Open Access

Draft genome sequence of Francisella tularensis subsp. holarctica BD11-00177

  • Jordy P. M. Coolen
  • , Andreas Sjödin
  • , Boulos Maraha
  • , Gerard F. Hajer
  • , Mats Forsman
  • , Ellen Verspui
  • , Hendrina M.E. Frenay
  • , Daan W. Notermans
  • , Maaike C. de Vries
  • , Frans A.G. Reubsaet
  • , Armand Paauw
  • and Guus Roeselers

DOI: 10.4056/sigs.4217923

Received: 10 August 2013

Accepted: 10 August 2013

Published: 30 July 2013


Francisella tularensis is a facultative intracellular bacterium in the class Gammaproteobacteria. This strain is of interest because it is the etiologic agent of tularemia and a highly virulent category A biothreat agent. Here we describe the draft genome sequence and annotation of Francisella tularensis subsp. holarctica BD11-00177, isolated from the first case of indigenous tularemia detected in The Netherlands since 1953. Whole genome DNA sequence analysis assigned this isolate to the genomic group B.FTNF002–00, which previously has been exclusively reported from Spain, France, Italy, Switzerland and Germany. Automatic annotation of the 1,813,372 bp draft genome revealed 2,103 protein-coding and 46 RNA genes.


tularaemiabiodefencezoonotic infectionphylogeographyNetherlands


Francisella tularensis is a Gram negative, non-motile, non-spore forming, facultative intracellular bacterium appearing as short rods or coccoid forms [1]. F. tularensis is the etiologic agent of tularemia, a zoonotic infection also known as rabbit fever and deer-fly fever. Transmission to humans has been reported by direct contact with infected animals, arthropod bites, inhalation of contaminated dust or ingestion of contaminated food or water. This pathogen is highly infectious as it can cause infection upon inhalation of as few as 10 cells. This extremely low infectious dose makes transmission via aerosols easy, and previous attempts to weaponize this microorganism have led to its recognition as a category A biothreat agent (CDC classification) [2,3]. F. tularensis contains three subspecies that are infectious to humans; the highly virulent Francisella tularensis subsp. tularensis, which often causes a lethal multi-systemic disease with a fatality rate of up to 30%, the less virulent Francisella tularensis subsp. holartica and Francisella tularensis subsp. mediasiatica, which both seldom cause infectious in humans. Here we present a summary classification together with the description of the draft genome sequence and annotation of Francisella tularensis subsp. holarctica BD11-00177, that was isolated from a vesicle on the forehead of a 72-year-old male living in The Netherlands. As the patient had not been abroad for years, this was the first documented case of indigenous tularemia in The Netherlands since 1953.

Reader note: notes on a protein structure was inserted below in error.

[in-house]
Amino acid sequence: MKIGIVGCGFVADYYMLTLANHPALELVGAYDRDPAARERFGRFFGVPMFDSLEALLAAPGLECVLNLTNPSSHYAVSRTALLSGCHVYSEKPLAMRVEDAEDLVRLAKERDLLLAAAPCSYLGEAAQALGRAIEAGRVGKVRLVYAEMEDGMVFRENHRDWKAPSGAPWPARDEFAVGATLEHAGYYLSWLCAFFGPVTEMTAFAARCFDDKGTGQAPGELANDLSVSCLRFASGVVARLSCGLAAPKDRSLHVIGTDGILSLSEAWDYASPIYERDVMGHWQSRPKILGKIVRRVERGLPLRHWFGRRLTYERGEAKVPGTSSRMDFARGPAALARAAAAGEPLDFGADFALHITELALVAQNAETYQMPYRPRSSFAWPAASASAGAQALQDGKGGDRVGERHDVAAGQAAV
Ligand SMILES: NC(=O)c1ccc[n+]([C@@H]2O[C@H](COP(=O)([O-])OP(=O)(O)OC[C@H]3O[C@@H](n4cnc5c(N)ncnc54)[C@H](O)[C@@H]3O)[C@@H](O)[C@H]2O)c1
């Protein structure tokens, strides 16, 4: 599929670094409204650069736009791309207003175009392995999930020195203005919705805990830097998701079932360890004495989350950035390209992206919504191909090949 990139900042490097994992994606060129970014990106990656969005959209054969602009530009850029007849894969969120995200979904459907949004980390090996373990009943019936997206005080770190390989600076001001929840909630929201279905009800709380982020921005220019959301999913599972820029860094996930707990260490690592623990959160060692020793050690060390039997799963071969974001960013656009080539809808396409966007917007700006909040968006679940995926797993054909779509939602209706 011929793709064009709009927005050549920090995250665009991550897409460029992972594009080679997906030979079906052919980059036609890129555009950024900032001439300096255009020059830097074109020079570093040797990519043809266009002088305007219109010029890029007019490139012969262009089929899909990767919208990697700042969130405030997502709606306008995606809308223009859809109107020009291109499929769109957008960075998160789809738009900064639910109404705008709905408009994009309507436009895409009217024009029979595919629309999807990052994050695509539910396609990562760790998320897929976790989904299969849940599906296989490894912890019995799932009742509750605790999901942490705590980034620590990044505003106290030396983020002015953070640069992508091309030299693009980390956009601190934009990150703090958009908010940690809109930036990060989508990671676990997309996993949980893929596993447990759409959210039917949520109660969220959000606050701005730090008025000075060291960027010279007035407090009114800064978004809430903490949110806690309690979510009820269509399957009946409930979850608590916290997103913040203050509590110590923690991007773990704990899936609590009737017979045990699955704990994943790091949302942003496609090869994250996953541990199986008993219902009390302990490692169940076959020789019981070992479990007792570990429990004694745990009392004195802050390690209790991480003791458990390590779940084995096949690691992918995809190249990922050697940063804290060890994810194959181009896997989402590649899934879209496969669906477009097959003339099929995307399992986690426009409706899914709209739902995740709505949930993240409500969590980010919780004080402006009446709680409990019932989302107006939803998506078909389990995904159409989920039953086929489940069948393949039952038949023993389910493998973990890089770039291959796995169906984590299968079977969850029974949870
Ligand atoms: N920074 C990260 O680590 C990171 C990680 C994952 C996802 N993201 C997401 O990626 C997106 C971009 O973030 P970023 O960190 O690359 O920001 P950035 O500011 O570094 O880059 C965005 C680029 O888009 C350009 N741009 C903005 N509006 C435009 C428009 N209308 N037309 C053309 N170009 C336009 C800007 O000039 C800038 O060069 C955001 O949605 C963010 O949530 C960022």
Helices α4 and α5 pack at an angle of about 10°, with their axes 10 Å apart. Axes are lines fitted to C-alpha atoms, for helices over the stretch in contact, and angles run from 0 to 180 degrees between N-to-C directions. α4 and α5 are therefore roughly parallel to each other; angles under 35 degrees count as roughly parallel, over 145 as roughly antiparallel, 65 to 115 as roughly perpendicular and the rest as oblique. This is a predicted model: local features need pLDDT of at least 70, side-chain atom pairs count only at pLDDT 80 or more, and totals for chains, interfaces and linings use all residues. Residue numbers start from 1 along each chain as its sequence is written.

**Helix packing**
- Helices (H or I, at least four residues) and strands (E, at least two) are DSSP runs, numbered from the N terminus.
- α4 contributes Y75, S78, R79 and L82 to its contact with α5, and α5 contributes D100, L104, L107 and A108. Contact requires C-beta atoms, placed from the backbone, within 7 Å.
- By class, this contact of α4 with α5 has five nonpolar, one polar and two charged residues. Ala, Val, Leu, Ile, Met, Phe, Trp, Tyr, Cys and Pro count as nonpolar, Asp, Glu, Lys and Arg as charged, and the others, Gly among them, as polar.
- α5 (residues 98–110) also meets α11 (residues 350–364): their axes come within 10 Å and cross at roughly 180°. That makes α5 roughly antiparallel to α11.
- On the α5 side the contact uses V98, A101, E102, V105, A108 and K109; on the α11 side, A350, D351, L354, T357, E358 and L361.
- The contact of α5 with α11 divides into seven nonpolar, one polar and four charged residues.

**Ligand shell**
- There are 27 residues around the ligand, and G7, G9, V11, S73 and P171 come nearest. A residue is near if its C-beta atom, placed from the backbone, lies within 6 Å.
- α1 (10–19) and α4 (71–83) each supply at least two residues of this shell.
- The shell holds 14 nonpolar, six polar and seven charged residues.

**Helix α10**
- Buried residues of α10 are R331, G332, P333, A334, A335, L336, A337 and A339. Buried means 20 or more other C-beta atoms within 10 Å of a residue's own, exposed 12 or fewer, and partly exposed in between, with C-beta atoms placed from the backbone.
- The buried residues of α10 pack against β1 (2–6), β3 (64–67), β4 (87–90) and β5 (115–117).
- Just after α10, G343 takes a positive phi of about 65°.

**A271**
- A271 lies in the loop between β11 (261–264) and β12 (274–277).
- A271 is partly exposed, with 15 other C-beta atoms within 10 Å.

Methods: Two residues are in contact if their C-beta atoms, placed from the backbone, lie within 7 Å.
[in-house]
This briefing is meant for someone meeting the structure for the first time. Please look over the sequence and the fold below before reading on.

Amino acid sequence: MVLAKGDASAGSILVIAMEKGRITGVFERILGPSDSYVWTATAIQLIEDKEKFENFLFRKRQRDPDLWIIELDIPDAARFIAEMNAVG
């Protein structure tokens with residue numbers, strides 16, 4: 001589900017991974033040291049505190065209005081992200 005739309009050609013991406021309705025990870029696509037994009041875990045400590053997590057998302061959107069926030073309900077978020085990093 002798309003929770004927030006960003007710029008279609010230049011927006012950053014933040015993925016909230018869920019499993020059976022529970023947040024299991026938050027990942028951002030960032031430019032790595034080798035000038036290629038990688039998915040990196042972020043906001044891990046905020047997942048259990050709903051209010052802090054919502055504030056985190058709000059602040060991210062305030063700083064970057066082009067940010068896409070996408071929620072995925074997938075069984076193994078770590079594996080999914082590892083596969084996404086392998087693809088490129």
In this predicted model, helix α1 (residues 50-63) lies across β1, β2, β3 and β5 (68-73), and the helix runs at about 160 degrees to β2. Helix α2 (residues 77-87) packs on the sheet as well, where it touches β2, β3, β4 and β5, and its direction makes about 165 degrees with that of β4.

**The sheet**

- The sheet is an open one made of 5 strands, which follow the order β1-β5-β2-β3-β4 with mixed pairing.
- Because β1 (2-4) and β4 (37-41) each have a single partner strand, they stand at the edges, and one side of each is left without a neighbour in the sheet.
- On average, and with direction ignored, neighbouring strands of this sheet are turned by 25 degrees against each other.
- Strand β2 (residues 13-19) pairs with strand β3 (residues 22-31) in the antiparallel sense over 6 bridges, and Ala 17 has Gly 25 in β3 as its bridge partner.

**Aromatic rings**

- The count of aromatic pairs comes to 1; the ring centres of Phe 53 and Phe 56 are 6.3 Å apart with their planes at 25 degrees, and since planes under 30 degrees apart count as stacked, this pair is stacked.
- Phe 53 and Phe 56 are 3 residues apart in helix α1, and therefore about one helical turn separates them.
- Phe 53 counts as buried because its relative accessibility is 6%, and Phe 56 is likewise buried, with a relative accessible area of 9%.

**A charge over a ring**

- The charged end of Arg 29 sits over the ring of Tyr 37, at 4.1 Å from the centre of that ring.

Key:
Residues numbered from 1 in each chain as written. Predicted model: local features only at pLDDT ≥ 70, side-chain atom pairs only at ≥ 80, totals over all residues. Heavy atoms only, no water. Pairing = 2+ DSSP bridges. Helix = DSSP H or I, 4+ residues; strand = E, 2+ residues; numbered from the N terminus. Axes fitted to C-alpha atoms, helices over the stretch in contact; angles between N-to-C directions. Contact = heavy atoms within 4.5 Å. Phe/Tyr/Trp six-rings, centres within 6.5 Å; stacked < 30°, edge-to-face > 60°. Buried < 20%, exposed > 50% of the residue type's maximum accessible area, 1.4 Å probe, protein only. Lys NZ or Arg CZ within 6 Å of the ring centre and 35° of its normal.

Classification and features

Francisella is the only genus within the family Francisellaceae and is a member of the order Thiotrichales and the class Gammaproteobacteria [4] [Table 1]. Besides F. tularensis, the genus Francisella includes the species Francisella halioticida, Francisella hispaniensis, Francisella noatunensis, Francisella novicida, Francisella philomiragia, Francisella cantonensis and the misclassified Wolbachia persica [4,17, Figure 1]. Only rare human infections with F. hispaniensis and F. novicida, and F. philomiragia are described, often caused after nearly drowning [18,19]. F. tularensis is capable of infecting hundreds of different vertebrate and invertebrate hosts [20]. The most widely distributed subspecies is F. tularensis subsp. holarctica, which is found throughout much of the Northern Hemisphere and is the only subspecies naturally occurring in Europe [21].

Table 1

Classification and general features




    Evidence codea

      Domain Bacteria

    TAS [5]

      Phylum Proteobacteria

    TAS [6]

      Class Gammaproteobacteria

    TAS [7,8]

     Current classification

      Order Thiotrichales

    TAS [7,9]

      Family Francisellaceae

    TAS [7-10]

      Genus Francisella

    TAS [11-14]

      Species Francisella tularensis

    TAS [11,12]

      Subspecies Francisella tularensis holarctica

    TAS [15,16]

      Strain BD11-00177


     Gram stain


    TAS [1].

     Cell shape

      short rods or coccoid forms

    TAS [1].



    TAS [1].



    TAS [1].

     Temperature range


    TAS [1].

     Optimum temperature



     Carbon source


    TAS [1].

     Energy source


    TAS [1].

     Terminal electron receptor

      Facultative anaerobe

    TAS [1].




    TAS [1].


     Biotic relationship

      Obligate host-dependent

    TAS [1].


     Host name     Host taxon ID     Host gender

      Homo sapiens      9606      Male

    TAS [1].    TAS [1].    NAS


     Pathogenicity     Biosafety Level

      Pathogen      3

    TAS [2].


     Geographic location

      The Netherlands



     Sample collection time

      October 2011















     Isolation site     Isolation source

      Human host      vesicle on the forehead

    IDA    IDA

aEvidence codes - IDA: Inferred from Direct Assay; TAS: Traceable Author Statement [i.e., a direct report exists in the literature); NAS: Non-traceable Author Statement [i.e., not directly observed for the living, isolated sample, but based on a generally accepted property for the species, or anecdotal evidence). These evidence codes are from the Gene Ontology project.

Figure 1

Maximum likelihood tree illustrating the phylogenetic relationships among several members of the genus Francisella and members of the order Thiotrichales based on full-length 16S rRNA gene sequences.

Genome sequencing information

Genome project history

Strain BD11-00177 was sequenced because of its relevance to biodefense. The draft genome sequence was finished in August 2012. The GenBank accession number for the project is 177784. The genome project is listed in the Genome OnLine Database (GOLD) [22] as project Gi21611. Sequencing was carried out at the Dutch Organization for Applied Scientific Research (TNO) and the Swedish Defense Research Agency (FOI). Initial automatic annotation was performed using the DOE-JGI Microbial Annotation Pipeline (DOE-JGI MAP). Table 2 shows the project information and its association with MIGS 2.0 compliance.

Table 2

Project information





       Finishing quality

      Standard Draft


       Sequencing platforms

      Illumina MiSeq, 454 Roche GS Junior


       Fold coverage




      Ray Assembler V2.1


       Gene calling method

      Prodigal [23]

       GOLD ID       IMG Taxon ID       NCBI PROJECT ID

      Gi21611      1244086      177784


       Project relevance

      Medical, biodefence

Growth conditions and DNA isolation

For DNA preparation, strain BD11-00177 was grown on 5% sheep blood agar plates for 72 h at 35°C in the presence of 5% CO2. DNA was extracted using the Qiamp DNA Micro Kit according manufacturers guidelines (Qiagen, Westburg b.v., Leusden, The Netherlands).

Genome sequencing and assembly

Sequencing was performed by the Microbiology and Systems Biology group at TNO and the Division for CBRN Defence and Security at FOI using 454 Roche GS Junior and the Illumina MiSeq platforms. The initial draft assembly yielded 95 large (>1,000 bp) and 86 small (<1,000 bp), non-redundant contigs of 1,813,372 bp by combing 75,245 Roche/454 reads at 23× coverage and 8,289,332 Illumina reads at 690× coverage by hybrid assembly through the Ray Assembler V2.1 [24].